Often it’s easy to assume that soccer is a recent import to America’s shores. You can sometimes get the impression that the sport didn’t exist before 1994, or perhaps as far back as the NASL. But while its current popularity is a relatively recent thing, the sport has a history in the U.S. that extends back to the 1800s. Though it has only rarely broken into the American mainstream, it has never fully disappeared, either.
In Distant Corners, by David Wangerin, the author explores that history in depth that I was previously unfamiliar with. While his best-selling Soccer in a Football World tells the broad story of American soccer, here Wangerin uses a narrower lens. Through seven smaller, more personal stories, Wangerin illustrates the highs and lows of soccer in this country. He’s done a lot of research here, and it shows.
In the early 1900s, touring European teams occasionally drew crowds of over 10,000. The US Open Cup, before the depression, could draw similar numbers in cities like Fall River, Massachusetts. St. Louis had a wildly popular league of its own. As Wagnerin portrays the history, soccer’s repeated false starts weren’t the result of an uncaring populace, but of the sport’s governing bodies getting in the game’s way.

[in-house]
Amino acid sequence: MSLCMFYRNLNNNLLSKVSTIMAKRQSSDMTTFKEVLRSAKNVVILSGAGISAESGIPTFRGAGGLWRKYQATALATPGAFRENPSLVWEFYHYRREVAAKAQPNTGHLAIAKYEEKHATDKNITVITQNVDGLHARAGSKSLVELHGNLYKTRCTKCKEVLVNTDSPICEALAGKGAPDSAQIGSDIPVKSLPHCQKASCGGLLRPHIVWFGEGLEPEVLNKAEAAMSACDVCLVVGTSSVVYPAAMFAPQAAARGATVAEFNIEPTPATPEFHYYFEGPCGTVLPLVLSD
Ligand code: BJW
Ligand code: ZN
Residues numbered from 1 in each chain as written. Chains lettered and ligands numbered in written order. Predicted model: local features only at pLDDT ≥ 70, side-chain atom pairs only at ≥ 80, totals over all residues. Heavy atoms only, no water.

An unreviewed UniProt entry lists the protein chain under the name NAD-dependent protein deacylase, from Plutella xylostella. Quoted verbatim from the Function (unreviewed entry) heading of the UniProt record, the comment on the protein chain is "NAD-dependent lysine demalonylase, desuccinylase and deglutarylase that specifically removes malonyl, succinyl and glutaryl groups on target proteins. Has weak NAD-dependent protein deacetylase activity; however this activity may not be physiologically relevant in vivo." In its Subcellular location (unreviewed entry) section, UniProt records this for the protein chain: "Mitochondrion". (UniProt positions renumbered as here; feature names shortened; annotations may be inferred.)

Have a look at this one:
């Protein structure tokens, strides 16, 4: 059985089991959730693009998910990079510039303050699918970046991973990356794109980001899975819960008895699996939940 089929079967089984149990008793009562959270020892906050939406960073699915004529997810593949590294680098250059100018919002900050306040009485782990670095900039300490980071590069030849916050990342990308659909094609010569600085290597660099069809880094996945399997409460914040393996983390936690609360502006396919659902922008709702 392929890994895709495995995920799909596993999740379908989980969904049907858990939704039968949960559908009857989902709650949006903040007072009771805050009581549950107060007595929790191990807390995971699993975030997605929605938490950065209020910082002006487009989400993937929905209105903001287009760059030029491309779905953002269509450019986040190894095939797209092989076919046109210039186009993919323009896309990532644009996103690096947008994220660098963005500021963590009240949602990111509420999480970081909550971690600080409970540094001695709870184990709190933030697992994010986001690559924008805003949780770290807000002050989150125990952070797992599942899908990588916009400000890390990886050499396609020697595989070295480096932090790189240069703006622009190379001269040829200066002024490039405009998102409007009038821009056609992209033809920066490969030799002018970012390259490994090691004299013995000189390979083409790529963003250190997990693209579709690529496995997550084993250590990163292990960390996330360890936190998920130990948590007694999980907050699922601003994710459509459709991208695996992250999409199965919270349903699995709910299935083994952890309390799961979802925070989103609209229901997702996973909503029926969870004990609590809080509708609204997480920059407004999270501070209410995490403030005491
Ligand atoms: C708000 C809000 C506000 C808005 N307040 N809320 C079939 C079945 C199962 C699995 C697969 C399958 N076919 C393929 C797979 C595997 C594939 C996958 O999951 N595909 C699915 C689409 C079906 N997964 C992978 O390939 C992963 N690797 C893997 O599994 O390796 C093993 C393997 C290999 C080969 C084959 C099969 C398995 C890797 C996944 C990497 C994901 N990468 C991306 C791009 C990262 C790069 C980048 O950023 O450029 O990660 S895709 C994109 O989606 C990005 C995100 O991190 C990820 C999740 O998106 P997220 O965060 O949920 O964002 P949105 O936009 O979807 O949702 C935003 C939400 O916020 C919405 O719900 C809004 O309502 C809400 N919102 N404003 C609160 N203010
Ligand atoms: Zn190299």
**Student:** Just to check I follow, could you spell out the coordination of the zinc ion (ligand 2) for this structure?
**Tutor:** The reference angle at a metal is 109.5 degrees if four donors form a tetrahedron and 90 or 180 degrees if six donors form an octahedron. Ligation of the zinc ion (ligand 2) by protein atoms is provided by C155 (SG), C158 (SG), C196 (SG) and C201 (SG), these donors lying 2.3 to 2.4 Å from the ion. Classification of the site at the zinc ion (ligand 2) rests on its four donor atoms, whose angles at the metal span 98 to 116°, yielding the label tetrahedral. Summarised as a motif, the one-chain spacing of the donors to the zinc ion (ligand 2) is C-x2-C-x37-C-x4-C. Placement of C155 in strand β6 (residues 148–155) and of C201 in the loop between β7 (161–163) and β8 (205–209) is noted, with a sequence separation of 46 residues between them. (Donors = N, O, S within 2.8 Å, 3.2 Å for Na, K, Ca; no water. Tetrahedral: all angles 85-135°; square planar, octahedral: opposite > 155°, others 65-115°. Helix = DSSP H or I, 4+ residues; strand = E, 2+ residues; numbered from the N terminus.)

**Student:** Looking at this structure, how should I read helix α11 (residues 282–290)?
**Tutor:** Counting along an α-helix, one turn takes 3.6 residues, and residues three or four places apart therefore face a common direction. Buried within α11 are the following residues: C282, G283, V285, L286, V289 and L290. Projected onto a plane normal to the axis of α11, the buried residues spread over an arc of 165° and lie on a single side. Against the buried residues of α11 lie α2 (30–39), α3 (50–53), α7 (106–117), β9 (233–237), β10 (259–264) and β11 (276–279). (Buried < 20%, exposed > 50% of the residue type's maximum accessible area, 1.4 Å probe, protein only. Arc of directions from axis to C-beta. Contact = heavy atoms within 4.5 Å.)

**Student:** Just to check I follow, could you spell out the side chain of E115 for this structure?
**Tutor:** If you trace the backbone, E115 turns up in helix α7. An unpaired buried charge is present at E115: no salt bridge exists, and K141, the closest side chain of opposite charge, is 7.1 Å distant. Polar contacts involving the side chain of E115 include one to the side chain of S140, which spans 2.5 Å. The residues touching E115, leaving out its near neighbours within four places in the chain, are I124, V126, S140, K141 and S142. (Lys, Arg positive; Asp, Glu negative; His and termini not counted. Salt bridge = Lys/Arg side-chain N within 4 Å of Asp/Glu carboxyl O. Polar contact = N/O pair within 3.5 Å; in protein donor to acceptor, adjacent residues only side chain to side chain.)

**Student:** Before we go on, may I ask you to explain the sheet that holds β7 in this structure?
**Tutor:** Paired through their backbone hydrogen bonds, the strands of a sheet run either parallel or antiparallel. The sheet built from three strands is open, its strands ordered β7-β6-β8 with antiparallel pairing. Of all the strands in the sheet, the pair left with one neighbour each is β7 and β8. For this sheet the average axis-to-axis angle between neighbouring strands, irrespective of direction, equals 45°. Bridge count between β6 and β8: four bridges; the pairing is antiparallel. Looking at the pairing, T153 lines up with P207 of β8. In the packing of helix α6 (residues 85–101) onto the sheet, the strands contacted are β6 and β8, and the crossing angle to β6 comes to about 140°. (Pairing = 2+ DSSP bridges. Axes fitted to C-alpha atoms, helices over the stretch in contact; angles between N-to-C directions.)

Wagnerin provides a laundry list of people, typically the bumbling administrators, who prematurely predicted soccer’s rise to prominence.
“This English soccer game will take place of the present college game.” – Jake Stahl, 1905.
“Football of the soccer variety could be made an entirely popular sport in this country were it managed right.” – Unnamed writer, 1908
“[Soccer will] undoubtedly be the football sport of the future all over the country.” – Unnamed writer, 1909
“We are sure that in a few years Americans will be leading the world in soccer football.” – Swedish newspaper, 1919.
“When the present war is over and the boys come home again, there is no question but that there will be a tremendous growth in soccer popularity.” – Tom Cahill, 1919
“[Soccer will soon be] the number one sport in the United States.” Ken Macker, 1967
“Soccer, the kind that has hypnotized 80 percent of the globe, had arrived.” – Oakland Tribune, 1968
“[Soccer] will take off. There is absolutely no way that it will no bypass everything else.” Phil Woosnam, 1977.
Depending on how you feel about Major League Soccer, you might even interpret all this as a warning. I am an optimist, and I believe that the sport has reached a point of no return in this country. It may not, as many expected, surpass football, basketball, and baseball, but it won’t go into hiding as it so often has in the past. Soccer is no longer tied to the shaky mooring of its various associations and leagues. If MLS disappeared, there would still be fans of the USMNT and European leagues. The draw now is the game, and not stars or gimmicky marketing ploys.